Let’s keep the main thing the main thing.

August 30, 2012 by JoLynne Lyon

Dr. John Copenhaver

Dr. John Copenhaver

In the next month, the CPD will wrap up its 40th Anniversary events. In the spirit of the celebration, we invited John Copenhaver, Director of the CPD’s Technical Assistance for Excellence in Special Education, to reflect on his career in the field.

Here’s his retrospective:

I was seventeen years old when my high school psychology class took a trip to what was then the state training school in American Fork, Utah.  It was 1964 and “special” education was not very special.  Parents of children with severe disabilities were counseled by doctors and clergy to take their child to the state hospital saying, “it will be better for them and your family.” Individuals with disabilities did not have the same civil rights as others.

I did volunteer work at the state hospital for the next three years and met a wonderful little girl by the name of Gail. She was five years old at the time.  Gail had severe physical and cognitive disabilities and she was placed at the hospital by her parents when she was just a baby.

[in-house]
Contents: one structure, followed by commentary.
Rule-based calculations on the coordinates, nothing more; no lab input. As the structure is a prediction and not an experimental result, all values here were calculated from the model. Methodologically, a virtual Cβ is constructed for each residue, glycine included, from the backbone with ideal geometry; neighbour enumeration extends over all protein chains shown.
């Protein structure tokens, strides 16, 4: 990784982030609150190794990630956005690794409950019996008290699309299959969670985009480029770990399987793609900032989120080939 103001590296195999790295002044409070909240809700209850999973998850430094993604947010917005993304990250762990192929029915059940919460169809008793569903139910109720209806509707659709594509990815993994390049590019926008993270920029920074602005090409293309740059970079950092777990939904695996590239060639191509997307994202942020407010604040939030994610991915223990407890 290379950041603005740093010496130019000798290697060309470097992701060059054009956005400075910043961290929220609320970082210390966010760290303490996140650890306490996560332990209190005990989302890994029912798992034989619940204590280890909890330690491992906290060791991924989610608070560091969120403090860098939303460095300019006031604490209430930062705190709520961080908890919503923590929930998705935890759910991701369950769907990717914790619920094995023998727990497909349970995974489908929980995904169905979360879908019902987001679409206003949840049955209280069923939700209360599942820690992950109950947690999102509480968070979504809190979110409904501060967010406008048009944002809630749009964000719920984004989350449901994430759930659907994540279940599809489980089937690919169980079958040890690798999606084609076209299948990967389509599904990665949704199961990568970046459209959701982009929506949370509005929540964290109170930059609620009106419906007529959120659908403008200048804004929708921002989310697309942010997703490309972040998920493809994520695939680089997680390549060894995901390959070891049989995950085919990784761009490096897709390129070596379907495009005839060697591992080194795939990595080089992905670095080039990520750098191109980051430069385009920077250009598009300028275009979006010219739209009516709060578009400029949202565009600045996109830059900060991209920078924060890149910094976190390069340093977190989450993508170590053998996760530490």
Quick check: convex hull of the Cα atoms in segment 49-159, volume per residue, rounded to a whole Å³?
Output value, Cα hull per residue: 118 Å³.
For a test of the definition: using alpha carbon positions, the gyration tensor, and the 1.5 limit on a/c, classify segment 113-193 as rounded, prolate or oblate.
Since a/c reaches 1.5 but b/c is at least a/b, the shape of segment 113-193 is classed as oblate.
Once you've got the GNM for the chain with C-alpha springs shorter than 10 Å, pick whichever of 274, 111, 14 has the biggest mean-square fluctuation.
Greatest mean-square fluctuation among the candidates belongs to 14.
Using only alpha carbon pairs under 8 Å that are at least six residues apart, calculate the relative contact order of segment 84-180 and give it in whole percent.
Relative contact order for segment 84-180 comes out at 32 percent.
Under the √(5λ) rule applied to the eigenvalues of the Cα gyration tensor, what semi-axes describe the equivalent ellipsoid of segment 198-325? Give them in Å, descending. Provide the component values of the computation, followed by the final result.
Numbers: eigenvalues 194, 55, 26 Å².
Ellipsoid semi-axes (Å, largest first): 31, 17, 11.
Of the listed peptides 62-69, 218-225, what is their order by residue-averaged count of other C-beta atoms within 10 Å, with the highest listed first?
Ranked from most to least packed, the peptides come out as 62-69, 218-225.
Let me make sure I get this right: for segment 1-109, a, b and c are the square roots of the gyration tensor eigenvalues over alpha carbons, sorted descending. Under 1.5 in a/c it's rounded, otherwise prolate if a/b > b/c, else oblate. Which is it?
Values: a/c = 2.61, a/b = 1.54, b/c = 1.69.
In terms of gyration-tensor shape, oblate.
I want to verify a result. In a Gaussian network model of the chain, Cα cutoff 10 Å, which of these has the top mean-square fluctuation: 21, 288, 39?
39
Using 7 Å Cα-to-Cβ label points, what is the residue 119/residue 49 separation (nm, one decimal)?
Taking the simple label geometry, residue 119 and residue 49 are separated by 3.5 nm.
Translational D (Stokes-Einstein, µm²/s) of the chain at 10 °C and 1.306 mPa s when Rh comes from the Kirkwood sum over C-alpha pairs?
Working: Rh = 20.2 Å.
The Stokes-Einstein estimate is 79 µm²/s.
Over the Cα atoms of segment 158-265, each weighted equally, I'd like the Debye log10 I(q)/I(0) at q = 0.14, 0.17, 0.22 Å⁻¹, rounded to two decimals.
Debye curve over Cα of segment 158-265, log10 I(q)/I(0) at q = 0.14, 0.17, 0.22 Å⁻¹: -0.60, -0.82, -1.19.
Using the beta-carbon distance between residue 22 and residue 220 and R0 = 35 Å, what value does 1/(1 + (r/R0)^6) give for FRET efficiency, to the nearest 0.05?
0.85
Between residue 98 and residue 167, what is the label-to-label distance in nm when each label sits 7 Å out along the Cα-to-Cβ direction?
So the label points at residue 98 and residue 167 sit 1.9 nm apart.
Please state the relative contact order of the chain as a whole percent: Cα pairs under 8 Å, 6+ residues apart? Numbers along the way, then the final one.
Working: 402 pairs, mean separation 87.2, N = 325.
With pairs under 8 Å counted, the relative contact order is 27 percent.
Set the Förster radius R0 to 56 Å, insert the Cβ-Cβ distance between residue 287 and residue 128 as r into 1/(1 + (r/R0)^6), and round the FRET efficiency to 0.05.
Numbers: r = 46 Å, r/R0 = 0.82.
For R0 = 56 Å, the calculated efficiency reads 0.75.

I know it might sound funny, but even though Gail never uttered a word, we seemed to communicate on a different level. She smiled when I came to feed her. It was quite simple with Gail, it was a communication through heart and spirit.

I was able to get to know her mother and father. They encouraged me. She passed away at ten years and I was able to be part of the service. We visit her gravesite whenever we are in the area.

In those days, the state hospitals were overcrowded, lacking educational programs. They followed a medical model of treatment. The facilities were outdated and depressing. Residents lined the perimeter of the buildings in diapers, rocking back and forth with very little stimulation.

Because of Gail and others like her, I went on to the University to pursue a career in special education. No one in my family had ever attended or graduated from higher education.  I worked full time and went to school full time.  I couldn’t have done it without the support of my wife, Kathy, who went on to become a wonderful second grade teacher. I was determined to make a difference in the lives of children with disabilities.